Human Resource Management

HRM Guide World HRM Guide USA HRM Guide UK About HRM Guide Student HRM Jobs/Careers HR Updates Facebook
Search all of HRM Guide

The Different Areas of Law: A Career Guide on Becoming a Criminal Lawyer

Criminal Law

November 5 2019 - With so many different areas of law to choose from, you're probably feeling a bit overwhelmed if you're in law school and trying to decide. One type of lawyer that we're all familiar with is a criminal defense attorney.

Whether you're a fan of Law and Order, loved L.A. Law, or watched Saul Goodman religiously on Breaking Bad, you know about a defense attorney. If you want to make sure that everyone gets adequate representation, whether guilty or not, specializing in criminal law is a great option for you.

Keep reading to learn more about this specialty.

What Does a Criminal Defense Attorney Do?

Criminal defense attorneys represent people who have been accused of a crime. There's generally two tracks you can take to becoming a defense attorney: work as a public defender or work in private practice.

A public defender is employed by the government (state or federal) and is appointed to represent defendants who are indigent, or can't afford an attorney on their own. Public defenders often have huge caseloads, as many defendants come from low socioeconomic statuses.

If you go into private practice, you'll be retained by clients who can pay for their own defense. You can be selective about the cases you take on and you often have many more resources to investigate the case, bring in expert witnesses, and have more time to devote to each case.

Job Requirements

Before heading to law school, you must have an undergraduate degree. Your major isn't that important, yet many students choose majors like pre-law, criminology, or criminal justice.

Many experts suggest focusing strong reading, writing, and critical thinking skills, rather than trying to learn specific legal content. You'll learn all of that in law school.

Working in any of the different areas of law will require you to earn your Juris Doctor (JD) degree, which can only be earned at an accredited law school. You'll take classes in criminal law, civil law, and electives of your choosing. Upon graduating from law school, you'll have to take the bar exam to become licensed in your specific state.

While in law school, it's beneficial to volunteer with a law clinic focused on criminal representation or trial advocacy.

Salary and Career Outlook

The median pay for lawyers is $120,000+ and the job outlook is strong. Of course, your pay will vary, depending on what kind of defense attorney you become. Public defenders generally earn less than defense attorneys in private practice though.

Pay will vary depending on what area of the country you're in as well. Bigger cities with a higher cost of living tend to have higher salaries while smaller cities often pay less, as it is cheaper to live there.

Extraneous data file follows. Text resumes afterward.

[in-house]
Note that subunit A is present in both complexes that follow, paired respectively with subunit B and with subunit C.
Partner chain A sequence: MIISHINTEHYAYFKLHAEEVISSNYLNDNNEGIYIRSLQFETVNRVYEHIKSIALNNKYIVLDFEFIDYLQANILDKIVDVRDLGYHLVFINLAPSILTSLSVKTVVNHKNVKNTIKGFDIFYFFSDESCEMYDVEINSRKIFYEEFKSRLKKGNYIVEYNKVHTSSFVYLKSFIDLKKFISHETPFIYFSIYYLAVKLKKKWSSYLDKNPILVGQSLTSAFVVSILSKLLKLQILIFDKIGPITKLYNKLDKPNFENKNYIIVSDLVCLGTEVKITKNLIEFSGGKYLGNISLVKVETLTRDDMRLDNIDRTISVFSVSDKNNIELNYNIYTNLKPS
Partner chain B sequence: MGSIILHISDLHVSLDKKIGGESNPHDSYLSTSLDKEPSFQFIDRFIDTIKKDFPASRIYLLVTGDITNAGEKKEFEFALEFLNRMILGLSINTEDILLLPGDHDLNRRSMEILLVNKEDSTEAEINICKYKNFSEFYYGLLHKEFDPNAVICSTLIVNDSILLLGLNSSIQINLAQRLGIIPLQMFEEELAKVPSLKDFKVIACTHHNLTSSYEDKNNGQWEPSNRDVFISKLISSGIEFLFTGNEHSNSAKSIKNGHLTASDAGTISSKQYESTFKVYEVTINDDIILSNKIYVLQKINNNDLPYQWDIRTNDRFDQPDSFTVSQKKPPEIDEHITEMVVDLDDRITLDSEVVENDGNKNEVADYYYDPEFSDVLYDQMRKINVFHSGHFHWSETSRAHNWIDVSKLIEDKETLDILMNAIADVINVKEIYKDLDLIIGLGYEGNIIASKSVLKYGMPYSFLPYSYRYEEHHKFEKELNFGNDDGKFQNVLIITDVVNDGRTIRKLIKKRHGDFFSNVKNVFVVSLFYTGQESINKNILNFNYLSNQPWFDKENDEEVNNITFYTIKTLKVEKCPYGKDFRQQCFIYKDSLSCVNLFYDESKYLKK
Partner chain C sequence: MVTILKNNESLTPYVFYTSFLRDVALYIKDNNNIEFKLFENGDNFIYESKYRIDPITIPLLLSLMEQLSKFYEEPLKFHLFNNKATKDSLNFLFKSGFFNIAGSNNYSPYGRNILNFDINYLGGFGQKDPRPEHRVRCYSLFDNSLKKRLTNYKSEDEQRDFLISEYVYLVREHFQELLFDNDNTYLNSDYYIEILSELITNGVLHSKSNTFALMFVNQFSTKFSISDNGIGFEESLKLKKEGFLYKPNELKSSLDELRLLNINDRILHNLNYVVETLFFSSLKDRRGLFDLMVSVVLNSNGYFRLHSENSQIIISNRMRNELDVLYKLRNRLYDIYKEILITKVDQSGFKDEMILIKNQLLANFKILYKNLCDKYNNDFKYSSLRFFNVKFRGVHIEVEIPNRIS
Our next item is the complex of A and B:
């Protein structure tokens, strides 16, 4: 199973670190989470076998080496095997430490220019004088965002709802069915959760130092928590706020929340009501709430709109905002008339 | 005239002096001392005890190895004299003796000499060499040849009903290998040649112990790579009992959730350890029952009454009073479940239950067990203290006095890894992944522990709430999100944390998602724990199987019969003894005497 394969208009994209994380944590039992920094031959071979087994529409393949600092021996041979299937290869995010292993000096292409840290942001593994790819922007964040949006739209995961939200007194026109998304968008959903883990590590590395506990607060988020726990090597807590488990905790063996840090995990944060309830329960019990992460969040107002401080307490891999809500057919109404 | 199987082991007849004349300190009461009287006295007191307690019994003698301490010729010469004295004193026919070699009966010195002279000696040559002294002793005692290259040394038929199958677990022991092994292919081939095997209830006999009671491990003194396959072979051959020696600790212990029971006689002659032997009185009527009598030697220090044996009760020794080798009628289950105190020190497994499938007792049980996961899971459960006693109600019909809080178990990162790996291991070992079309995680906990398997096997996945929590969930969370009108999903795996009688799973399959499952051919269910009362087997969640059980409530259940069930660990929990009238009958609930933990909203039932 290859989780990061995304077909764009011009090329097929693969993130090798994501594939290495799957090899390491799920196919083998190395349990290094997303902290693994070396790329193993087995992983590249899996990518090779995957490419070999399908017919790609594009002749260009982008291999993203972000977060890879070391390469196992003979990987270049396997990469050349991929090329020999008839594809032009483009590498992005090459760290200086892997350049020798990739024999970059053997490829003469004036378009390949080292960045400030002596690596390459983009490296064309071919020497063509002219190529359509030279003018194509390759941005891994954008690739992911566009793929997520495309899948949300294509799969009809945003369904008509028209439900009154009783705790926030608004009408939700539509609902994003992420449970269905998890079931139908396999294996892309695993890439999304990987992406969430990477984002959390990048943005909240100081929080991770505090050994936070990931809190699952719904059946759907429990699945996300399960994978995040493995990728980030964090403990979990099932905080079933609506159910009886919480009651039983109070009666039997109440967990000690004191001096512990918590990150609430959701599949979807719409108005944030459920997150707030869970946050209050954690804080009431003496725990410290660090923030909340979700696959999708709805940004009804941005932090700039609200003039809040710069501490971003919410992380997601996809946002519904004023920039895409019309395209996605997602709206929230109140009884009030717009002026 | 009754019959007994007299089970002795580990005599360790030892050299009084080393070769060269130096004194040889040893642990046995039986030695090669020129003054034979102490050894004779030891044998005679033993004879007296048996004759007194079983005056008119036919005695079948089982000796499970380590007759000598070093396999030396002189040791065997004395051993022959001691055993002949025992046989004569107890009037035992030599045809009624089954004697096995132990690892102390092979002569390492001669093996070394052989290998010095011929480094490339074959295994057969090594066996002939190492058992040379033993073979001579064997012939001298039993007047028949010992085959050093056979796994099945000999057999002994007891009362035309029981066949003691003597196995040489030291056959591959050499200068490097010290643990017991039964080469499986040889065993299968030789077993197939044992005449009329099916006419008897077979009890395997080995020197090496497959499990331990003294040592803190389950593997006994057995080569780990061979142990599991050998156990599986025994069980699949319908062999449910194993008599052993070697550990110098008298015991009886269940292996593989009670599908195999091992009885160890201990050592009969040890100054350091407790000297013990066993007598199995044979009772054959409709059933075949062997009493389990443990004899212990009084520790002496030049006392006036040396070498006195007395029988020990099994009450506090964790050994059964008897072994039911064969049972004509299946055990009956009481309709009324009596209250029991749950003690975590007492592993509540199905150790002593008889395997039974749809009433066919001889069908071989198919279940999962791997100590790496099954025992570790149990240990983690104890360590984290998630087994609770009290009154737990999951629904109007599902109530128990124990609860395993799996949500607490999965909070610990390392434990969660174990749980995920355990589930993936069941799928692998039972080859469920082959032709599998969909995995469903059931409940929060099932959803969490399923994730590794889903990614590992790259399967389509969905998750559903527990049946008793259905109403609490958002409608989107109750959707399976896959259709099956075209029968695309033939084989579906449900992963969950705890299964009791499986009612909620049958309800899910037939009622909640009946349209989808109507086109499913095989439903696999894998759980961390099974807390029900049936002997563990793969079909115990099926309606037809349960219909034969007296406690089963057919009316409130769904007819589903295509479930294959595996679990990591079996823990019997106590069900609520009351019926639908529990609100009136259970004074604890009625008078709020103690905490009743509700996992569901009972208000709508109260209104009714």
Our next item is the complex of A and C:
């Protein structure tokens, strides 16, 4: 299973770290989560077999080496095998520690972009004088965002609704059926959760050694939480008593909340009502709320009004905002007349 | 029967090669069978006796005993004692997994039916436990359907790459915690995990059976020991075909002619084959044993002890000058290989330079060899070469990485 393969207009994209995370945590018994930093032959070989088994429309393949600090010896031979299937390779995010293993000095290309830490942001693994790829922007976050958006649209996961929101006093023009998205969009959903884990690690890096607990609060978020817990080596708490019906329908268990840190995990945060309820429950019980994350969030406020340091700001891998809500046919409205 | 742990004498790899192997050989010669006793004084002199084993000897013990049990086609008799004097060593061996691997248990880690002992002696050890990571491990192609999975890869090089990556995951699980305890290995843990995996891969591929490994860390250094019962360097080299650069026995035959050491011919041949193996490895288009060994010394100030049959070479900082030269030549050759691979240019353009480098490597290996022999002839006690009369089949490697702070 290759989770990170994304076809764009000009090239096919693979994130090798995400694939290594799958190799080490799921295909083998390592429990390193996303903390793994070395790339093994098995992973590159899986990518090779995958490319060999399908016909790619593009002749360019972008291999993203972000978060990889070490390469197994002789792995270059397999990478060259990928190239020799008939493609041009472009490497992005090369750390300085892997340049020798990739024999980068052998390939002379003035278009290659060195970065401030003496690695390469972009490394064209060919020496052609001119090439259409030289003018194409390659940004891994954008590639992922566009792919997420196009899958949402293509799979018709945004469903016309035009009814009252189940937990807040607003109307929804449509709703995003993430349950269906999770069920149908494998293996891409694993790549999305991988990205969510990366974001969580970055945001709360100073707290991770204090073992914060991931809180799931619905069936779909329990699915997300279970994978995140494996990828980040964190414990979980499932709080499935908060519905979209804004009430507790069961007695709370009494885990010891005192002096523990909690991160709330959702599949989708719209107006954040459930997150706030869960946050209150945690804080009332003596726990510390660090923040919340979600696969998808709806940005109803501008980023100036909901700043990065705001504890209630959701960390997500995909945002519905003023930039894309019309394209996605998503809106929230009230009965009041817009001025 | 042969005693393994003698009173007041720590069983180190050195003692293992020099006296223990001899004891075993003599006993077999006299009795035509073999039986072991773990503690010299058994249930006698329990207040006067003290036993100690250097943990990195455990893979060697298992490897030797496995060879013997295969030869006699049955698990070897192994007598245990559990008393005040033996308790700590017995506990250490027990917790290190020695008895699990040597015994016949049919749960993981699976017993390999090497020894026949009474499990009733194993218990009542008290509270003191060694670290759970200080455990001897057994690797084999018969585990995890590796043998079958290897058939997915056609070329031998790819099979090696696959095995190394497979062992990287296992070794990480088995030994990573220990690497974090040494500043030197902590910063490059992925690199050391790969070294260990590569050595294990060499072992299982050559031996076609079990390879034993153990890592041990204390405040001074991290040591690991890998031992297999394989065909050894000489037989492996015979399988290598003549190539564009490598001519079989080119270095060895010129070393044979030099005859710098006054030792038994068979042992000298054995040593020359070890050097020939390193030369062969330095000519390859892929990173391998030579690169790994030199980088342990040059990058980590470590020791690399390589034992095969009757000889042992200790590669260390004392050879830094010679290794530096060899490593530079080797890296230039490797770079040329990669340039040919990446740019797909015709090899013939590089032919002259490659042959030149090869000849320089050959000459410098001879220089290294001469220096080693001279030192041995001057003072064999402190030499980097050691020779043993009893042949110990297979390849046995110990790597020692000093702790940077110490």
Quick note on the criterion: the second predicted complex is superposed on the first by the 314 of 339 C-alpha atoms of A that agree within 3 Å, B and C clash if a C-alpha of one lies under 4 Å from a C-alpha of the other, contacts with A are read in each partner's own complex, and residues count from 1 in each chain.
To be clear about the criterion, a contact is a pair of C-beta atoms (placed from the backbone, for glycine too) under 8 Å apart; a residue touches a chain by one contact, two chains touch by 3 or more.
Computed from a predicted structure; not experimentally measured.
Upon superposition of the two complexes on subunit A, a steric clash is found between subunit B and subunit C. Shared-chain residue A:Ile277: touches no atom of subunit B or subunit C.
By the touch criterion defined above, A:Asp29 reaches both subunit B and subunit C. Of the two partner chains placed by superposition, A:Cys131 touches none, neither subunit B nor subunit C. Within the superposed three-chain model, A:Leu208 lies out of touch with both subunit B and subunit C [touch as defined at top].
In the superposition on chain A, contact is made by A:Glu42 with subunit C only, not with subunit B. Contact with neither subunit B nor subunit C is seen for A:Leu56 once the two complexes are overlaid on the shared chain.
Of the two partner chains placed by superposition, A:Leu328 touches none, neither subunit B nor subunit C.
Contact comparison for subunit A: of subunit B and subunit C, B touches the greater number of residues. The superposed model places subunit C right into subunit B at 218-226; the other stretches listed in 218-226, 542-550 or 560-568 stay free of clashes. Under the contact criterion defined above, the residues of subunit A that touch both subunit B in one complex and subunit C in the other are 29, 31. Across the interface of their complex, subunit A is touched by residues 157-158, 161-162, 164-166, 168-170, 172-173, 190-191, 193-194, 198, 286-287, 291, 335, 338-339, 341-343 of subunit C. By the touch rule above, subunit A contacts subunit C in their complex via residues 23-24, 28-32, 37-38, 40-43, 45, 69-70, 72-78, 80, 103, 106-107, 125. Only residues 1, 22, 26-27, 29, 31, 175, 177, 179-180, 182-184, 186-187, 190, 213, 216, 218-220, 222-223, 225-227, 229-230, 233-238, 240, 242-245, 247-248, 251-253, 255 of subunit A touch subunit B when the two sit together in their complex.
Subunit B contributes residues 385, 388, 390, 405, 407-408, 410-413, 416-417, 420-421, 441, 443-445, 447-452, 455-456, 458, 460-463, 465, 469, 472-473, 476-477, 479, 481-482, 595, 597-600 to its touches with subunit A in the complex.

Which of the Different Areas of Law Will You Choose?

Criminal law is just one of the different areas of law that you can choose from. Time in law school, different classes, and volunteer and internship experiences will help you to decide which specialization you are most interested in.

If you found this useful, be sure to check out some of our other career-related articles.

More Career Articles



PHR/SPHR

PHR / SPHR Professional in Human Resources Certification Kit
by Sandra M Reed and James J. Galluzzo III

Must-have preparation for those looking to take the PHR or SPHR certification exams in order to strengthen their resume.
 


PHR Study Guide 2020-2021: PHR Certification Preparation and Practice Test Prep Questions for the Professional in Human Resources Exam


Essential HR

The Essential HR Handbook, 10th Anniversary Edition: A Quick and Handy Resource for Any Manager or HR Professional
  This fully updated 10th anniversary edition is packed with information, tools, checklists, sample forms, and timely tips to guide you through the maze of personnel issues in today's complex business environment.



Successful Onboarding

Successful Onboarding: Strategies to Unlock Hidden Value Within Your Organization Mark Stein and Lilith Christiansen
  Fact: 1/3rd of all external hires are no longer with the organization after 2 years. What can you do about it? In a word: onboarding.
  More information and prices from:
Amazon.com - US dollars
Amazon.ca - Canadian dollars
Amazon.co.uk - British pounds
Amazon.de - Euros
Amazon.fr - Euros


The HR Answer Book

The HR Answer Book: An Indispensable Guide for Managers and Human Resources Professionals by Shawn A. Smith, Rebecca A. Mazin
  The HR Answer Book addresses 200 questions that every employer needs to deal with. Accessible and concise on-the-job companion.
  More information and prices from:
Amazon.com - US dollars
Amazon.ca - Cdn dollars
Amazon.co.uk - UK pounds
Amazon.de - Euros
Amazon.fr - Euros




HRM Guide makes minimal use of cookies, including some placed to facilitate features such as Google Search. By continuing to use the site you are agreeing to the use of cookies. Learn more here

Contact
HR Directory
Privacy Policy

Anything But Work
British Isles
City Visit Guide
Job Skills
Copyright © 1997-2020 Alan Price and HRM Guide contributors. All rights reserved.